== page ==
Shim Chung’ draws cheers in San Francisco
July 25, 2011
SAN FRANCISCO - Shim Chung may not be as famous as Odette from “Swan Lake” or the Sugar Plum Fairy from “The Nutcracker,” but she did get a standing ovation from ballet fans attending Universal Ballet of Korea’s production of “Shim Chung: The Blindman’s Daughter” at the San Francisco War Memorial Opera House on Friday.
||Simcheong and the Dragon King’s son dance in the Universal Ballet’s “Shim Chung: The Blindman’s Daughter” in San Francisco on Friday. [JoongAng Ilbo]|
The ballet, now 25-years-old, was the company’s first work to highlight Korean culture. Created and choreographed in 1986 by American Adrienne Dellas, the original production was a landmark at a time when collaborations between Korean and foreign artists were rare. “Shim Chung” also drew on the talents of Korean critic Park Yong-gu, who wrote the script, composer Kevin Barber Pickard, who wrote the score, and Myung-ho Kim, who designed the set. Artistically, it is a fluid mixture of traditional Korean dance forms and Western ballet.
For some, Universal Ballet’s warm reception at the 3,000-seat theater in San Francisco is an indication that the Korean Wave, or Hallyu, is moving beyond music, soap operas and film into other areas of culture.
“This Korean traditional folk tale has been dressed in a pair of ballet pointe shoes,” said Julia H. Moon, the head of Universal Ballet of Korea and its former prima ballerina until 2001. “We will spread the Ballet Hallyu [Korean Wave] to the world.”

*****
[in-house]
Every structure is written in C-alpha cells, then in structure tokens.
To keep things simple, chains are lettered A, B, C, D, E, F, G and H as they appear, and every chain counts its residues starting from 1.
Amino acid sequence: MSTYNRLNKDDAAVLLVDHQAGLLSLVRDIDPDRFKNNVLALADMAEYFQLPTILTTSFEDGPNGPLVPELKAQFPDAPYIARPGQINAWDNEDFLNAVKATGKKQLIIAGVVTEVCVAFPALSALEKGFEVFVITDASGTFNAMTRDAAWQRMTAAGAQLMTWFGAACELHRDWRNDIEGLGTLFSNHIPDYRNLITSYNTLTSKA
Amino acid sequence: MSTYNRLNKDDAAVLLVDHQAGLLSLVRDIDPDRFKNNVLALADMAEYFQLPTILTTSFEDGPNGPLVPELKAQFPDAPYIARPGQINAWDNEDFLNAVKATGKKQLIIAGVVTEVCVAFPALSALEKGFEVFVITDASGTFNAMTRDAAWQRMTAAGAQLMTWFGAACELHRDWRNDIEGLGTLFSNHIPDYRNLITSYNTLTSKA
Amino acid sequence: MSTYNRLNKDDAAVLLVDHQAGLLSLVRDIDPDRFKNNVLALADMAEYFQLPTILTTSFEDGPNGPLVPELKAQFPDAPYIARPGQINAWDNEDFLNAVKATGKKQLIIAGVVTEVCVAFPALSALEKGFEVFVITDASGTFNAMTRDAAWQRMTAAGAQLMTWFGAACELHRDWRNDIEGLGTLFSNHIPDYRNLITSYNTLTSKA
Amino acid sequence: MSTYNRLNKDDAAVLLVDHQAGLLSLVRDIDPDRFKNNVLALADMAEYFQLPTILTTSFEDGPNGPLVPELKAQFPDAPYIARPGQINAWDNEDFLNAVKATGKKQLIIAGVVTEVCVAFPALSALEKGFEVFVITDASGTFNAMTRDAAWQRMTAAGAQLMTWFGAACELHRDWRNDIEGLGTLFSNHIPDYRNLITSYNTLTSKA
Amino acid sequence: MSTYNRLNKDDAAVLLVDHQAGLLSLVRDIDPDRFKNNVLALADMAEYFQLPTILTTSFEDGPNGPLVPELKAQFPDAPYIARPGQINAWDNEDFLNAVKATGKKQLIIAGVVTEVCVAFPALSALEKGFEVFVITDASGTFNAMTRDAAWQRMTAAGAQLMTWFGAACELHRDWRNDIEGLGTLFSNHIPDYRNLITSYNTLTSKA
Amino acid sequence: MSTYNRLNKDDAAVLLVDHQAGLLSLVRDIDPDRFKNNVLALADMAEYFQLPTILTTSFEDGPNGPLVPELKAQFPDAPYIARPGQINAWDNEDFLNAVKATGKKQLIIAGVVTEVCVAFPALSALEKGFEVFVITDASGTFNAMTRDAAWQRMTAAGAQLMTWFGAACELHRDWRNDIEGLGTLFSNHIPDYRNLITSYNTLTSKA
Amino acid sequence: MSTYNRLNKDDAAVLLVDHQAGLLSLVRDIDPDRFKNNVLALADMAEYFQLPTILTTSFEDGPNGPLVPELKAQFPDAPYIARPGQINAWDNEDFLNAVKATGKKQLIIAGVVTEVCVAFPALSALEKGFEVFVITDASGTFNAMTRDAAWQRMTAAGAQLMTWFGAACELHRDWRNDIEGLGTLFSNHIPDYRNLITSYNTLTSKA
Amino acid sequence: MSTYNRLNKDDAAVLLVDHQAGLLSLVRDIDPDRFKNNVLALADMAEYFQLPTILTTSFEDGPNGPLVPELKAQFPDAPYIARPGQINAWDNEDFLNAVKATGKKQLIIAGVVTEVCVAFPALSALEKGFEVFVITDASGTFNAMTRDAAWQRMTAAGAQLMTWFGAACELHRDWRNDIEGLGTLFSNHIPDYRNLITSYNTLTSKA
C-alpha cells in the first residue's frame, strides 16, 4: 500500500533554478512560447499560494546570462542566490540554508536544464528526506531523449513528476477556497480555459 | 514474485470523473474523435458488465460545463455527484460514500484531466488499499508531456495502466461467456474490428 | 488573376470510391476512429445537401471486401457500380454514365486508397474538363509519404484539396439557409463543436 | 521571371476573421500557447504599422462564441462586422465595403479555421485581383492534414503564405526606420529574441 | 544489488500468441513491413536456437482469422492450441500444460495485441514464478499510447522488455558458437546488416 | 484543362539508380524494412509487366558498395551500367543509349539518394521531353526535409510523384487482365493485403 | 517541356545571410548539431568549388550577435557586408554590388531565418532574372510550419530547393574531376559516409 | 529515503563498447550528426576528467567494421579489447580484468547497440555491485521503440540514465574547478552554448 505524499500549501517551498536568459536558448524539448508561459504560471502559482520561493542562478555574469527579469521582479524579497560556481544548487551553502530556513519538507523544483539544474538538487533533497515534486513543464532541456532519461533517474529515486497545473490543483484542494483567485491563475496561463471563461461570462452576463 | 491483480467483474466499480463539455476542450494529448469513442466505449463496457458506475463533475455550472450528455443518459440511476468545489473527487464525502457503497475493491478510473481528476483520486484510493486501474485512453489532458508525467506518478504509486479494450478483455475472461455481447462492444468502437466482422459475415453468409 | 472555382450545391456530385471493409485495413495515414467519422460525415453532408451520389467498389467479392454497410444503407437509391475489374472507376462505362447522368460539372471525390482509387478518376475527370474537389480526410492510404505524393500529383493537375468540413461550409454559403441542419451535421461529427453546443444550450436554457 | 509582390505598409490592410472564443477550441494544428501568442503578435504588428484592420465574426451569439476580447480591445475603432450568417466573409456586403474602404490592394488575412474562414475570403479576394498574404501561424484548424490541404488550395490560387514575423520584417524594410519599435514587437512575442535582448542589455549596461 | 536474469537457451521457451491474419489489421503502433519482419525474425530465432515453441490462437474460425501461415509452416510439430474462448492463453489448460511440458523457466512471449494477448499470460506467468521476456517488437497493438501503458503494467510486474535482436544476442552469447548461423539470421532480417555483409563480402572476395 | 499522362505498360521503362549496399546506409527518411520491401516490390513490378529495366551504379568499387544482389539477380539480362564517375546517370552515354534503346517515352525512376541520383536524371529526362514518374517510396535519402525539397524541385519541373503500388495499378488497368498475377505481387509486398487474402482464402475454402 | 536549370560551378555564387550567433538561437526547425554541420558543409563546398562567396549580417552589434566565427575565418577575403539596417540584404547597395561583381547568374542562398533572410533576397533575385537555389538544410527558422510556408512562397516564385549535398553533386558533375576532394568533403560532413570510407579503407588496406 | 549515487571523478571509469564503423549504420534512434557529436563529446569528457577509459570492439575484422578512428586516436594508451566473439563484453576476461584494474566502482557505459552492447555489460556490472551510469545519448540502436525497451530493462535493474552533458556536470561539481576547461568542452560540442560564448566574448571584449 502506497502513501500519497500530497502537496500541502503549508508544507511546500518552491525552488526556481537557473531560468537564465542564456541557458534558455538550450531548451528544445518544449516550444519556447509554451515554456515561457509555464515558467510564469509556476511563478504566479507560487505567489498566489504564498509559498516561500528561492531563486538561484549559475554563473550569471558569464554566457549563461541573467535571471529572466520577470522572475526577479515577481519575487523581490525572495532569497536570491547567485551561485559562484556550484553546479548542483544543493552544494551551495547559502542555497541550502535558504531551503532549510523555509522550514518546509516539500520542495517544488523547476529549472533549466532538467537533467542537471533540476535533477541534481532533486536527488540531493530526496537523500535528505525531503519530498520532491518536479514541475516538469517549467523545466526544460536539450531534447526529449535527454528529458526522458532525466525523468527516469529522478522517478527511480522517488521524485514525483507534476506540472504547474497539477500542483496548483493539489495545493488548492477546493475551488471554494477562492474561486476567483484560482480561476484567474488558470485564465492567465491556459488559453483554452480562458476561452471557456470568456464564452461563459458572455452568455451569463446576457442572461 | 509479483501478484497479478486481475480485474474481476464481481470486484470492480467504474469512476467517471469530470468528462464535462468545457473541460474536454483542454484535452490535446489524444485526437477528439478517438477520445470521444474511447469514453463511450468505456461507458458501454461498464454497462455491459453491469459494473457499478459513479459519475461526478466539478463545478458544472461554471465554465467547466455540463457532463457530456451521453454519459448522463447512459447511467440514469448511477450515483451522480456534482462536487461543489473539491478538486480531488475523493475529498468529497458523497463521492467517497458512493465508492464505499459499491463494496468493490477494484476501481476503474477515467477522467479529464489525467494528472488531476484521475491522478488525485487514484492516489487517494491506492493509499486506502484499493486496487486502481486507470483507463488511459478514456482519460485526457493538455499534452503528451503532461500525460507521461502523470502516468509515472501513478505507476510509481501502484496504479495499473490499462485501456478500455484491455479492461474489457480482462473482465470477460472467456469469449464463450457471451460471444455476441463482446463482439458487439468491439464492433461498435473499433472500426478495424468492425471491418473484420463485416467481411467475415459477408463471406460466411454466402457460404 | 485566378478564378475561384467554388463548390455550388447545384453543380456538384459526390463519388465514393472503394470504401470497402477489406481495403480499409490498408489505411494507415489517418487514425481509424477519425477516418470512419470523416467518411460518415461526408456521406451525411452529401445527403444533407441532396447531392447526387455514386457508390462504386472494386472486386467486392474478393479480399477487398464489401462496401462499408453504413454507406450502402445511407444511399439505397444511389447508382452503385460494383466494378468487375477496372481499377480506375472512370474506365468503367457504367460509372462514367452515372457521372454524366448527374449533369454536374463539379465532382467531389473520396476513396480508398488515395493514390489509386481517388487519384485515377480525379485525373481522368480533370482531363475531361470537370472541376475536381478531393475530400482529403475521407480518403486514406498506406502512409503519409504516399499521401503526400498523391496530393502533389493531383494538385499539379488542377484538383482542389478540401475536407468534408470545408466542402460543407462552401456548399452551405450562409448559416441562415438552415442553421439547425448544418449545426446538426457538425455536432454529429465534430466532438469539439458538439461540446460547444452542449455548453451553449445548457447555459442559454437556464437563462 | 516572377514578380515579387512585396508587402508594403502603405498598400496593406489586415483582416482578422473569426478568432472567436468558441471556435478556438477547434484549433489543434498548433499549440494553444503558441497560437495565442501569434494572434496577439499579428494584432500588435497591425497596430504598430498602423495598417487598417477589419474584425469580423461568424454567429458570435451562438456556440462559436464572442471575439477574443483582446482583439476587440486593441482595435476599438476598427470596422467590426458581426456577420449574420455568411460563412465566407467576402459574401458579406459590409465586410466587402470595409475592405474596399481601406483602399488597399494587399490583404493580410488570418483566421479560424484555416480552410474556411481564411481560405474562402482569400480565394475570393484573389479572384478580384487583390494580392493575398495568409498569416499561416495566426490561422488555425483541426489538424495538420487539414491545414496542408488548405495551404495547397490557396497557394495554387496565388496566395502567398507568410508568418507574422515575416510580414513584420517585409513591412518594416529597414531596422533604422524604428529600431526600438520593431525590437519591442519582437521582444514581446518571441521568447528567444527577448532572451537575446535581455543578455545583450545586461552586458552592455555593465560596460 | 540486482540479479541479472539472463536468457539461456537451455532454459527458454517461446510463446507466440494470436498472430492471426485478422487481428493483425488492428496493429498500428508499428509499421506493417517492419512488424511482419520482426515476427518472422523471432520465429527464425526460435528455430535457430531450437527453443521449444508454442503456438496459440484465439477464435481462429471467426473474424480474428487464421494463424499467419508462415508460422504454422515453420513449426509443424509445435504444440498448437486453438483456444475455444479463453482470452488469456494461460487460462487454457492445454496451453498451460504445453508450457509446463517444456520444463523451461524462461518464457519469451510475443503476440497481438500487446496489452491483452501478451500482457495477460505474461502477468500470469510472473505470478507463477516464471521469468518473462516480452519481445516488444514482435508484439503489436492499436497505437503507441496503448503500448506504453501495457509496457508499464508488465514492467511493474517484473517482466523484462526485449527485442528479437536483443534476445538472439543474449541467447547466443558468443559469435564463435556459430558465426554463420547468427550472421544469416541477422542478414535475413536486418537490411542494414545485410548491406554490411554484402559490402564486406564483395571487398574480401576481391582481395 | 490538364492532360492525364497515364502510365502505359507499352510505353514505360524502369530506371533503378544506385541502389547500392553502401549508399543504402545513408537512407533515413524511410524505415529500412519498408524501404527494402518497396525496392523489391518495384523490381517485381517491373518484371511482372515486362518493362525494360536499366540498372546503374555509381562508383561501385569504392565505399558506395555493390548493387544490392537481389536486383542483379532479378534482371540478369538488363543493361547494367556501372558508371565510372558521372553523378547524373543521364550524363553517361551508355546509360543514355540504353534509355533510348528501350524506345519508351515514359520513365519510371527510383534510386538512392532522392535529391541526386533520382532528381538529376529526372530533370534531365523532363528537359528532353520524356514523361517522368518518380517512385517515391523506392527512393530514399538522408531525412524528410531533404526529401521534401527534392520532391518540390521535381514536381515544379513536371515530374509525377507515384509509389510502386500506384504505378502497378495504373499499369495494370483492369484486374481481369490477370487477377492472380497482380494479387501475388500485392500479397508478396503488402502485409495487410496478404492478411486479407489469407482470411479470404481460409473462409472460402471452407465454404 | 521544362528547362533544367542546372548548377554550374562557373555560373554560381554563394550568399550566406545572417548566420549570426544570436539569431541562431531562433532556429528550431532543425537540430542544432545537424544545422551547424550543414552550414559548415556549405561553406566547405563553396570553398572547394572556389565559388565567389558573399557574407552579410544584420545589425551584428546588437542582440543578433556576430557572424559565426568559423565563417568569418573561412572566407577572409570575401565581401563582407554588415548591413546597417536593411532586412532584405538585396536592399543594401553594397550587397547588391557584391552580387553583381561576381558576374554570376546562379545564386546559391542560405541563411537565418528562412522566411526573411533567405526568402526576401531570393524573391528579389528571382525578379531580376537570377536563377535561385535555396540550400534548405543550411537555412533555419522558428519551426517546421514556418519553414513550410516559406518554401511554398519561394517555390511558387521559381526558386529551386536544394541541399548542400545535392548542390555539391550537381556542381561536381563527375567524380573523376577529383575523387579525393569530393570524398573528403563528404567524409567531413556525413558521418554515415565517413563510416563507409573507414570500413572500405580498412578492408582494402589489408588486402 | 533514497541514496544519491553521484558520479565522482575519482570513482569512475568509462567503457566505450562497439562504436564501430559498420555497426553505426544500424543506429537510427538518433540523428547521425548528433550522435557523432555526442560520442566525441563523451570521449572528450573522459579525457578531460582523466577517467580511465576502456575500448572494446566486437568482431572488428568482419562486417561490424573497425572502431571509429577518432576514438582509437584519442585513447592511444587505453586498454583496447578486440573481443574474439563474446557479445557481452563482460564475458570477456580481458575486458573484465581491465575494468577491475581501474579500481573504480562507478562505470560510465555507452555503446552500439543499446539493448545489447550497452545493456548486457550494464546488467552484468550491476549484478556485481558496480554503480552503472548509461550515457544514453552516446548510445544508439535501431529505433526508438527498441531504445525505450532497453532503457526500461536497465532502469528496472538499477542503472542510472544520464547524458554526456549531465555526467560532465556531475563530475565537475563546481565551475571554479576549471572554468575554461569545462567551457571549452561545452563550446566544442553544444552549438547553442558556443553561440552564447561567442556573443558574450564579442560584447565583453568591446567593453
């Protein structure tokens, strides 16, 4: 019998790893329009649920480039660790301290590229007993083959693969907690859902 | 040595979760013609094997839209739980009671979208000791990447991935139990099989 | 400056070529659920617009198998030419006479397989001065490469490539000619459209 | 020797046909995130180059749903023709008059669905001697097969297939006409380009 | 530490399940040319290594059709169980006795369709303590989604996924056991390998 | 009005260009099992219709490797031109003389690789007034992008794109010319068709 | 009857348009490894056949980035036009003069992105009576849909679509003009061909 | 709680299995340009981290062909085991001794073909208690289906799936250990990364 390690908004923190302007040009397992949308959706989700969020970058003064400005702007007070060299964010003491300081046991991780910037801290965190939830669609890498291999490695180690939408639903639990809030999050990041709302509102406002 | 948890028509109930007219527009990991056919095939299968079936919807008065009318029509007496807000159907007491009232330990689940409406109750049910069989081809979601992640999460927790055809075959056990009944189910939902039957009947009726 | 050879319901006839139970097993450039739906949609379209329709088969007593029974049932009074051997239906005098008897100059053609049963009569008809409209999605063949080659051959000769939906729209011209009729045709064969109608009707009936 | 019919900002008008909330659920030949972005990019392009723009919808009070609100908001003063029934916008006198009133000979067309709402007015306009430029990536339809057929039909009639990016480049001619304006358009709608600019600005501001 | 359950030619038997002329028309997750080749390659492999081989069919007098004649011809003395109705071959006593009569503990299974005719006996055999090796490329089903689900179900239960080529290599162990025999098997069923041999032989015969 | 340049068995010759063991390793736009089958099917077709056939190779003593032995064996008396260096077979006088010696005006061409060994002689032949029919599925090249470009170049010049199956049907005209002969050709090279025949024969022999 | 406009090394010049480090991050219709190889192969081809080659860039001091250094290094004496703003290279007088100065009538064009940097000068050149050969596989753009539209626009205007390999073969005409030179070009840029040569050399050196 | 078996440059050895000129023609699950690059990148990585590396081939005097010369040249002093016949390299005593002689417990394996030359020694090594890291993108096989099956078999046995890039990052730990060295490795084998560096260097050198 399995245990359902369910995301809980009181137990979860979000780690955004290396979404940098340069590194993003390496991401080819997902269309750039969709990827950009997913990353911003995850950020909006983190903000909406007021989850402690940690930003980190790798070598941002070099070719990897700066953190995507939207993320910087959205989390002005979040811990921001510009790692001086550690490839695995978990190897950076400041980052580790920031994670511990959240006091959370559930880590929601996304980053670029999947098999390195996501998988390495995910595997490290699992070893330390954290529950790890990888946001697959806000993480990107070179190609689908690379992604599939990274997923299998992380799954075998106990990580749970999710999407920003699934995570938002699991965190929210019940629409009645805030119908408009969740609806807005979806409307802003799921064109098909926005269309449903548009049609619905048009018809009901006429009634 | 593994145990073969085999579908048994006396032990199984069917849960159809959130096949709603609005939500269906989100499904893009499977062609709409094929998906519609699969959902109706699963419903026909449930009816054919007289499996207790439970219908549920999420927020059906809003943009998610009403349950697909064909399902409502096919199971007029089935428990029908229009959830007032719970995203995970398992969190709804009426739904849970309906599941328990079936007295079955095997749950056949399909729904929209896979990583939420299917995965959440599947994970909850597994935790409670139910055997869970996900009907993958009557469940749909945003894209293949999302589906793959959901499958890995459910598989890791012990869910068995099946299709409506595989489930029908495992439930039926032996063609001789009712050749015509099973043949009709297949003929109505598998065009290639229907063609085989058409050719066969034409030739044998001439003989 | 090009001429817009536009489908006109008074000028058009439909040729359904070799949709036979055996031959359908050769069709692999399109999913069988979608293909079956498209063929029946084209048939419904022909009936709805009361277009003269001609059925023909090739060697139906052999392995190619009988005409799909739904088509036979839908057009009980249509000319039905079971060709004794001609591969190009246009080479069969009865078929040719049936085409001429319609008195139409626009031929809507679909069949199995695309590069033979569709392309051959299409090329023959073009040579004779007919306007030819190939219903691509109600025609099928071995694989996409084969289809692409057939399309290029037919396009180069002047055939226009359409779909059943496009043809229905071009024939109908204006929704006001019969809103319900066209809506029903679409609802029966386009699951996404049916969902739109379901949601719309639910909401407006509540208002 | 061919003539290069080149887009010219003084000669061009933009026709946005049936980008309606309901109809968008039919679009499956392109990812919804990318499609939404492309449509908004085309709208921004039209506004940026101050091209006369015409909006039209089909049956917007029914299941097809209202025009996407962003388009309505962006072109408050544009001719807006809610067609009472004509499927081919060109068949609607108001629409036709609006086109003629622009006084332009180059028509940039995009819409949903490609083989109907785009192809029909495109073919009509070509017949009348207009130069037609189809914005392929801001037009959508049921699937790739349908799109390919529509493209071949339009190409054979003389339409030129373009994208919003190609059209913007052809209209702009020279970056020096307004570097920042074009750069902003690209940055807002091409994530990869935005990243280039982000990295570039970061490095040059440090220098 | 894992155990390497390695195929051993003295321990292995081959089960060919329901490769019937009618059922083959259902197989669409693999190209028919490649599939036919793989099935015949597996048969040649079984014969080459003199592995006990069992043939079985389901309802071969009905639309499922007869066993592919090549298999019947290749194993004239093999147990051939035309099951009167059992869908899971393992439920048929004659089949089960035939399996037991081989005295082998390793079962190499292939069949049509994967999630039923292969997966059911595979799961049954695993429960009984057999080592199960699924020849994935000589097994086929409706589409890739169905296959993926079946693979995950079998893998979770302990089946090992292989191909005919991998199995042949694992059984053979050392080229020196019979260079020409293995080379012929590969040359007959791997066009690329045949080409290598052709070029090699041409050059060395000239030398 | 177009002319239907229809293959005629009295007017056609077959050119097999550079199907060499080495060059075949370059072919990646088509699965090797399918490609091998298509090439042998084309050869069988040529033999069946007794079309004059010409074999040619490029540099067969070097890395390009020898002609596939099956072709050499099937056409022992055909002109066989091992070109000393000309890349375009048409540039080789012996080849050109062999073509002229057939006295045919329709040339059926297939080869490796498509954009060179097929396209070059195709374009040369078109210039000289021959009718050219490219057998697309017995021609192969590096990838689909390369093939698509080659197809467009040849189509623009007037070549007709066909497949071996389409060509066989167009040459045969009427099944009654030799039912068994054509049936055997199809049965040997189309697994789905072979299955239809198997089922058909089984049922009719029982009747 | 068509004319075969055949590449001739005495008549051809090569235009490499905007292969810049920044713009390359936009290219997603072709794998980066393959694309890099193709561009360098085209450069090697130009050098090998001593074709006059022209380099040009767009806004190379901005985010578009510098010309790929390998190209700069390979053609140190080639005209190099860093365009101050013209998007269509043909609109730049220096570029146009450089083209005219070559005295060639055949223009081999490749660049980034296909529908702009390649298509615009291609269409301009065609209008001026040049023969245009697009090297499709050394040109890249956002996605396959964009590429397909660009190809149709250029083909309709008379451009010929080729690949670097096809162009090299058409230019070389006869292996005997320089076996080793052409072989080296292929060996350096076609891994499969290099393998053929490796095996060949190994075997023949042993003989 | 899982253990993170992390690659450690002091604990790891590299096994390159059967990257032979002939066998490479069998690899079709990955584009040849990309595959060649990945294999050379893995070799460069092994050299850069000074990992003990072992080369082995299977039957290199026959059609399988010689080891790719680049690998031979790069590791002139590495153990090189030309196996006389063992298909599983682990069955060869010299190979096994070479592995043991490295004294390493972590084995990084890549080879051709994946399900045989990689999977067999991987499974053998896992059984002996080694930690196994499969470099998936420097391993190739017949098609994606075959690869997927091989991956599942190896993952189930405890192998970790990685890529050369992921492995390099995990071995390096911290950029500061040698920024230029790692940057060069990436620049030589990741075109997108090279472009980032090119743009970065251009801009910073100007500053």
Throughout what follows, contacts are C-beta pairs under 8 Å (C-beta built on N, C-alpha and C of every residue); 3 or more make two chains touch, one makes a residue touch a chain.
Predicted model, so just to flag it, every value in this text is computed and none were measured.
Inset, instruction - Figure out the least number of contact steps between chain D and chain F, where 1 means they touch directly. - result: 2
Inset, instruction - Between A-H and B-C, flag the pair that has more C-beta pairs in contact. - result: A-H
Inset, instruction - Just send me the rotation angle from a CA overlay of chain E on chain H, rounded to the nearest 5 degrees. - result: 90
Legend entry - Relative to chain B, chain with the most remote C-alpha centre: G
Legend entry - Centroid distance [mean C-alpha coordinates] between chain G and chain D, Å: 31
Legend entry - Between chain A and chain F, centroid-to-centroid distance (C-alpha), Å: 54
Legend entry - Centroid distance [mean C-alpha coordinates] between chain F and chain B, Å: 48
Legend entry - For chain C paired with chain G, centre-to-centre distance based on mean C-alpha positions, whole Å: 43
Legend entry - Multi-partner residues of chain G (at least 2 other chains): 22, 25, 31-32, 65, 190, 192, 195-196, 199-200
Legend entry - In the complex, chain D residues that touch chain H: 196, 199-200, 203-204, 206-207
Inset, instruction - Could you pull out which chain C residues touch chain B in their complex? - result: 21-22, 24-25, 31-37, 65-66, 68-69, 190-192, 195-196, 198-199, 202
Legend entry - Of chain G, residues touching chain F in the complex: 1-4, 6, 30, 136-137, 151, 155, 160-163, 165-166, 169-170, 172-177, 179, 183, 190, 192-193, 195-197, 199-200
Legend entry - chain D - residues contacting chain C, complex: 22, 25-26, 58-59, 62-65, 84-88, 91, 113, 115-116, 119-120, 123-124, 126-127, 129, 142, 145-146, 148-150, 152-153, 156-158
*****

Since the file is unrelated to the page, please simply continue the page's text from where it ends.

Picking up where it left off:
The folktale, “Simcheongga,” is about a girl named Simcheong and her blind father. When Simcheong learns her father’s sight can be restored if she offers herself as human sacrifice to the Dragon King, the ruler of the sea, she does not hesitate to do it. When he learns what she has done, the Dragon King is so impressed by Simcheong’s filial devotion that he returns her to the surface in a big lotus flower. The flower is found by a human king, who falls in love with Simcheong and marries her. After the two are married, Simcheong holds a banquet for blind men in hopes of finding her father. When father and daughter are reunited, his eyesight is instantly restored.
The ballet contains a sailors’ dance in the first act that drew prolonged cheers from the audience in San Francisco. The second act, which is set in the Dragon King’s palace under the sea, also seemed to impress the audience with its fairy-tale-like setting.
Writing about a production of the ballet staged in Los Angeles in 2001, Lewis Segal, the Los Angeles Times’ dance critic, said, “Adding immeasurably to the splendor of the ballet: an array of costumes depicting the workaday, royal, dream and undersea worlds” of the designers.
But it is in the third act that the dancers made their biggest impression, presenting a beautiful combination of tal chum (mask dance) and Western ballet choreography.
The current production is part of the a larger tour that took the company to Taiwan and Singapore in April. Next, they will travel to Japan, Oman, Russia and South Africa for the rest of 2011 and the first half of 2012.
By Choi Min-woo [firstname.lastname@example.org]